Animal models of Huntington's disease

Shilpa Ramaswamy, Jodi L. McBride, Jeffrey H. Kordower

Research output: Contribution to journalReview articlepeer-review

183 Scopus citations


Huntington's disease (HD) is a neurological disorder caused by a genetic mutation in the IT15 gene. Progressive cell death in the striatum and cortex, and accompanying declines in cognitive, motor, and psychiatric functions, are characteristic of the disease. Animal models of HD have provided insight into disease pathology and the outcomes of therapeutic strategies. Earlier studies of HD most often used toxin-induced models to study mitochondrial impairment and excitotoxicity-induced cell death, which are both mechanisms of degeneration seen in the HD brain. These models, based on 3-nitropropionic acid and quinolinic acid, respectively, are still often used in HD studies. The discovery in 1993 of the huntingtin mutation led to the creation of newer models that incorporate a similar genetic defect. These models, which include transgenic and knock-in rodents, are more representative of the HD progression and pathology. An even more recent model that uses a viral vector to encode the gene mutation in specific areas of the brain may be useful in nonhuman primates, as it is difficult to produce genetic models in these species. This article examines the aforementioned models and describes their use in HD research, including aspects of the creation, delivery, pathology, and tested therapies for each model.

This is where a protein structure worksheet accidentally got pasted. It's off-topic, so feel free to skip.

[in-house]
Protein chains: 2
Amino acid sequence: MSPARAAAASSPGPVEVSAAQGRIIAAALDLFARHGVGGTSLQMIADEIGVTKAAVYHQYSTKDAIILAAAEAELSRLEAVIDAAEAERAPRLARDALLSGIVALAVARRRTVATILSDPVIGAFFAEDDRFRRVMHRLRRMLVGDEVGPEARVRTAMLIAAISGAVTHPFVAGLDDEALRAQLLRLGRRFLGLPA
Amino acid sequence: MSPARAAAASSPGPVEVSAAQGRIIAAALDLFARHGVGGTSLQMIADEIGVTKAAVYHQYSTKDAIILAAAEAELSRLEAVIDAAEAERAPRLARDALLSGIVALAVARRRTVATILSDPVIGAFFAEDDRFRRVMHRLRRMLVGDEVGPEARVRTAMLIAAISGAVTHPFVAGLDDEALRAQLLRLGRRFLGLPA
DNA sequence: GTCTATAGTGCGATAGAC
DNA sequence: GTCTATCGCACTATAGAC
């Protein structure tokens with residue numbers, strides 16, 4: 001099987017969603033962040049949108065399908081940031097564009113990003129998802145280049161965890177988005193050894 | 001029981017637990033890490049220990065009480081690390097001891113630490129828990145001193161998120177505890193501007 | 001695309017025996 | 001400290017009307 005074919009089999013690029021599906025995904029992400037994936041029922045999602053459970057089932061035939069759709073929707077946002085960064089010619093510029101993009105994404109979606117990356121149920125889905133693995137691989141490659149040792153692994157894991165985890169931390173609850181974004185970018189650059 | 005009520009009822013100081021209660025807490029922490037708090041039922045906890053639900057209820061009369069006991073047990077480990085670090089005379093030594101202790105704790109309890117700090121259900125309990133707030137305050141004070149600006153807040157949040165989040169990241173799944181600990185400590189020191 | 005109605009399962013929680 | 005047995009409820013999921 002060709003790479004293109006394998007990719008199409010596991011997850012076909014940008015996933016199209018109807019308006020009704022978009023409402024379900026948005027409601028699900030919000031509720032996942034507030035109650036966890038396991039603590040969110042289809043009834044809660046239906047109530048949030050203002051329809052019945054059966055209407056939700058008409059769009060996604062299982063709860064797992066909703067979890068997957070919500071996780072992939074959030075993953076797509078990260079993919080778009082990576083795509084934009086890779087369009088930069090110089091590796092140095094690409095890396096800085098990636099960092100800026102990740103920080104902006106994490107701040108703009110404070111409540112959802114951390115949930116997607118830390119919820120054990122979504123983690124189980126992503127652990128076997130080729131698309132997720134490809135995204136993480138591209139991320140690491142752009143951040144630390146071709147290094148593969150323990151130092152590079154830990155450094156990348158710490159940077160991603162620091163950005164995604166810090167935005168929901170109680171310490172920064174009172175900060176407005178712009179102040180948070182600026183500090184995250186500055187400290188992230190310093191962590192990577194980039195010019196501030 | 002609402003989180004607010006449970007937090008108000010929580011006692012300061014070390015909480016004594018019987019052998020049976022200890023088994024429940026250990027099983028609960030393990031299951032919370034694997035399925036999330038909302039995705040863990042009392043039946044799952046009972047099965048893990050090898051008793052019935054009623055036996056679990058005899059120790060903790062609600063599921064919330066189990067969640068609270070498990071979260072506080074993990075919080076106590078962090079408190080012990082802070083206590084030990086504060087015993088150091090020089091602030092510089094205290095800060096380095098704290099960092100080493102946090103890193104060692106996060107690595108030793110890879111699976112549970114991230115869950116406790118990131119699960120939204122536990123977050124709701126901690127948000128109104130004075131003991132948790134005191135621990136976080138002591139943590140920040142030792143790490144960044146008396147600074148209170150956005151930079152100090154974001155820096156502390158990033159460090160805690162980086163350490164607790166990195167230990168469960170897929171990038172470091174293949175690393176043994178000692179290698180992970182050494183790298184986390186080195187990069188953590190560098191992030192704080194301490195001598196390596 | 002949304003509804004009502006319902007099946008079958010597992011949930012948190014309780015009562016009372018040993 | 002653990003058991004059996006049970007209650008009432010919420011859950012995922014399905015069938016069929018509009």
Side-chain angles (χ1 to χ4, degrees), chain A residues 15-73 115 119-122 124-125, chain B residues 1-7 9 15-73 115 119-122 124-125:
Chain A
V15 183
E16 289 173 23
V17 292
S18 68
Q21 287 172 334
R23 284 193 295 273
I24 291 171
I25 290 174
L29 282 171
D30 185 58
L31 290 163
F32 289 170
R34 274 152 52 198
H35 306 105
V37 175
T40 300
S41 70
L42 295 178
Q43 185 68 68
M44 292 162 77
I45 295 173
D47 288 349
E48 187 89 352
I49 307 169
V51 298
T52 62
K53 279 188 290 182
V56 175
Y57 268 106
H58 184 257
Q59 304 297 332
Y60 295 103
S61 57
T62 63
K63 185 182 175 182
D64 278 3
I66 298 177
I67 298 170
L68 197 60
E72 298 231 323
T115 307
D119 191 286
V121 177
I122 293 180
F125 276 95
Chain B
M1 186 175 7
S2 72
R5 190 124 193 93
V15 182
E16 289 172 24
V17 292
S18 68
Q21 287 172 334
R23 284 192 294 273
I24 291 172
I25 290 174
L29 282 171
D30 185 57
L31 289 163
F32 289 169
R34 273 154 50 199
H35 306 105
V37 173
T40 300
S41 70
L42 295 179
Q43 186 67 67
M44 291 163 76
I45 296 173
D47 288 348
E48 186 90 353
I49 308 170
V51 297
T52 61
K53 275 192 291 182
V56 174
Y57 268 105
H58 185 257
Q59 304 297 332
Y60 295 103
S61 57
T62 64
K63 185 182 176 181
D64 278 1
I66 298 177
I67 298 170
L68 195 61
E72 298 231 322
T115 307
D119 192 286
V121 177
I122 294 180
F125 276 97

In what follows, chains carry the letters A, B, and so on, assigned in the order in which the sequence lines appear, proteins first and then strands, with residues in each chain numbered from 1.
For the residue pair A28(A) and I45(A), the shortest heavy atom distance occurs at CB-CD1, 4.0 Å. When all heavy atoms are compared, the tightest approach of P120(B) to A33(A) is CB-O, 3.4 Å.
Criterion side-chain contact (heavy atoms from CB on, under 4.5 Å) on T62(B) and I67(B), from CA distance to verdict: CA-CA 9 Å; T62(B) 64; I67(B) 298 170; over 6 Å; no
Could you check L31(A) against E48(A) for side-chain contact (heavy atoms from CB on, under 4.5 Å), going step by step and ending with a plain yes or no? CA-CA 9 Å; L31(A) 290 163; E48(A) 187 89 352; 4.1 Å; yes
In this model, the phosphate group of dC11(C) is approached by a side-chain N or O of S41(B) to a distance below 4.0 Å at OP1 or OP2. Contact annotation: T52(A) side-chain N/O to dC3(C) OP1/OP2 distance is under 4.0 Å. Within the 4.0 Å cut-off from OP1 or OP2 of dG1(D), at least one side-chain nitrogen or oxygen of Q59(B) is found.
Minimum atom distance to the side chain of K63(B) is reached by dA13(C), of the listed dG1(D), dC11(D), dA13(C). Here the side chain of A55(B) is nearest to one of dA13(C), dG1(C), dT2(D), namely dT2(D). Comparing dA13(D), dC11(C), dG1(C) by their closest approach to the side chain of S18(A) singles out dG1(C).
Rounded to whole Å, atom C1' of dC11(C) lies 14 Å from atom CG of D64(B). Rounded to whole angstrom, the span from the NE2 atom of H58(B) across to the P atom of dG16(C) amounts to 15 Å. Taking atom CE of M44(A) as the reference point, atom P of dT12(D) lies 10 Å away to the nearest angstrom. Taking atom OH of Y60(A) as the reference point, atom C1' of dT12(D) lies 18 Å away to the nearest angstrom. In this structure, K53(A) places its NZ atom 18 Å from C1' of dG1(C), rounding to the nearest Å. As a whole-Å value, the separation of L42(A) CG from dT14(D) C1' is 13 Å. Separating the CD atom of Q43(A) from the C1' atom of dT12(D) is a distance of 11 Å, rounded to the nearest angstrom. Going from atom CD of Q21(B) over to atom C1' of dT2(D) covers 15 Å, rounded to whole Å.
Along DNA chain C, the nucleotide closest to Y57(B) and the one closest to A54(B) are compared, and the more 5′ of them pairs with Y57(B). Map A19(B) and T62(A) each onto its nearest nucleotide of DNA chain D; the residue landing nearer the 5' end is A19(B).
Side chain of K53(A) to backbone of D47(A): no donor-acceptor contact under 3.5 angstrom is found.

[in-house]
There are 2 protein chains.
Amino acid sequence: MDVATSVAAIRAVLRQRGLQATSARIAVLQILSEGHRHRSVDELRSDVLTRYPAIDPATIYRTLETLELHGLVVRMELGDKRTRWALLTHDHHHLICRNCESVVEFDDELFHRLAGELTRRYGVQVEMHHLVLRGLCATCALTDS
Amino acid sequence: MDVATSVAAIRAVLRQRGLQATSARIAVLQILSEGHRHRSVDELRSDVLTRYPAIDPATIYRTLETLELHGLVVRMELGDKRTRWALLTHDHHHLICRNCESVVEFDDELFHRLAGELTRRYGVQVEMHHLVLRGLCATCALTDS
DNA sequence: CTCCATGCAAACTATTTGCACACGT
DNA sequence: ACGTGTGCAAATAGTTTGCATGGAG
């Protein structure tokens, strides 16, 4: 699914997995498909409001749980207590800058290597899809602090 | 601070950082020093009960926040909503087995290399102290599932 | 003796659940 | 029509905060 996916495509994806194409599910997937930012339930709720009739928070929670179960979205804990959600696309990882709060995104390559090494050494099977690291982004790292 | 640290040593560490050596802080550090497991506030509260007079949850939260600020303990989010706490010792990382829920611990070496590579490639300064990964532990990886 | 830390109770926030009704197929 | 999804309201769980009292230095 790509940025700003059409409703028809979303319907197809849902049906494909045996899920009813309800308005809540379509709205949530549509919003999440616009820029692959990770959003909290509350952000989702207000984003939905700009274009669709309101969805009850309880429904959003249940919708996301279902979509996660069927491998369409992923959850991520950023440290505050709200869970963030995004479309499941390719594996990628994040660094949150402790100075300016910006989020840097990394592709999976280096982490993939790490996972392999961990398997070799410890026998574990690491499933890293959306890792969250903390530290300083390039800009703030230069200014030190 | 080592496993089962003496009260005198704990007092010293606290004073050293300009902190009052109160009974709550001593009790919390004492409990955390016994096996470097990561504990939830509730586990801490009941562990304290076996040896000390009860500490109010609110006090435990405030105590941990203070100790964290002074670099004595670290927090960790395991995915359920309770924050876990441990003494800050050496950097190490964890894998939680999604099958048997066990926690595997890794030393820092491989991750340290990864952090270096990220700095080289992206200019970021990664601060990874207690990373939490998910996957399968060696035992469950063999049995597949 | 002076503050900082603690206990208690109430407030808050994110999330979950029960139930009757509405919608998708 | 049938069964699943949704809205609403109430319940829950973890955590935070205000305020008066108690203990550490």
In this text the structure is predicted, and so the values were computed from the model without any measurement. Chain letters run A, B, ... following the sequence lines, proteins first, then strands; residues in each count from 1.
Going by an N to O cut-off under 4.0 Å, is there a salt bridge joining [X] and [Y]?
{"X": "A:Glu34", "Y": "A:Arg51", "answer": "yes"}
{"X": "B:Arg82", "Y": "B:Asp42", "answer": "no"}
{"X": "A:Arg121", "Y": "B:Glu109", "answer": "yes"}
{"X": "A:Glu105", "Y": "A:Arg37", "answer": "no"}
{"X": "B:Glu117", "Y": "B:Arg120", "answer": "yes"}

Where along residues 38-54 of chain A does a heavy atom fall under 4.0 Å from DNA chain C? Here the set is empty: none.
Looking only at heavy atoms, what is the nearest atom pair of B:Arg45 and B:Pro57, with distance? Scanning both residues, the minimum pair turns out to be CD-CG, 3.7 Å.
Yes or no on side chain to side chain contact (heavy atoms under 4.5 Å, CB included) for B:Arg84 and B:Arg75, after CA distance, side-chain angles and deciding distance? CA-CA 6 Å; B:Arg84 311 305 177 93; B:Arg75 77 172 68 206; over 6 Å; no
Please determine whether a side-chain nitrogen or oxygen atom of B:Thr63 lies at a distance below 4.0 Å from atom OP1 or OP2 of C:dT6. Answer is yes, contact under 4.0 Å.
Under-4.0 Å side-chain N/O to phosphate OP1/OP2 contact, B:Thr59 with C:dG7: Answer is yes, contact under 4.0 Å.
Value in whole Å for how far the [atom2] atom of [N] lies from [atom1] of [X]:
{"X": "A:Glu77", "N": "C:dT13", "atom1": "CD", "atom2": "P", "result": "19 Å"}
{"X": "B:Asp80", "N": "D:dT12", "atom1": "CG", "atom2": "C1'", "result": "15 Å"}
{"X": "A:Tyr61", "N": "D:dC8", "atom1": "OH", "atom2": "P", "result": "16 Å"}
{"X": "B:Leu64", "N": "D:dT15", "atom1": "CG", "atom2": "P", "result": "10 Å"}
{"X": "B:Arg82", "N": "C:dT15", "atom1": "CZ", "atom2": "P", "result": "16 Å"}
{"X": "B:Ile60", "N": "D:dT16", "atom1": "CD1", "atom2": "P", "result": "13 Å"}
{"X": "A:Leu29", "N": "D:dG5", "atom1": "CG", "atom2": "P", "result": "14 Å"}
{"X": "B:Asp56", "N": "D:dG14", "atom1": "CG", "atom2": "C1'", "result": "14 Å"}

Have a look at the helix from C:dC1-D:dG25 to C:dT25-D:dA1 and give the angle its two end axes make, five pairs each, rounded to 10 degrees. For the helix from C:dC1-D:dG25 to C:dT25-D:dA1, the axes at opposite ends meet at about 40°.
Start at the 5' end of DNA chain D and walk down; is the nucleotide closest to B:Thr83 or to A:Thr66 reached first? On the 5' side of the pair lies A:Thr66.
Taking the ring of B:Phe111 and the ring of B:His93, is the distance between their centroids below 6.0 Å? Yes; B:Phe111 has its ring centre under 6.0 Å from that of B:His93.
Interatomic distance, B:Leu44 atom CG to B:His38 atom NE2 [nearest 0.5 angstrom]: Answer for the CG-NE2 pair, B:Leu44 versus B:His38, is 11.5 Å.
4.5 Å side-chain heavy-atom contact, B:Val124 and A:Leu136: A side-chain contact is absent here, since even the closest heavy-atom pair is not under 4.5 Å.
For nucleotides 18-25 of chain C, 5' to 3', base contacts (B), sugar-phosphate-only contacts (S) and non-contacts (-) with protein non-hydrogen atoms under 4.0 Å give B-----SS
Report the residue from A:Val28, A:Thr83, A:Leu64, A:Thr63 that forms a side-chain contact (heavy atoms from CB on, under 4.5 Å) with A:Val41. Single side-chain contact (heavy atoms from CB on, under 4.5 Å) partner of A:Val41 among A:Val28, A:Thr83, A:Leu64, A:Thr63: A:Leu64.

Original languageEnglish (US)
Pages (from-to)356-373
Number of pages18
JournalILAR Journal
Issue number4
StatePublished - 2007
Externally publishedYes


  • 3-Nitropropionic acid
  • Animal models
  • Huntington's disease
  • Knock-in mice
  • Quinolinic acid
  • Transgenic rodents

ASJC Scopus subject areas

  • General Medicine


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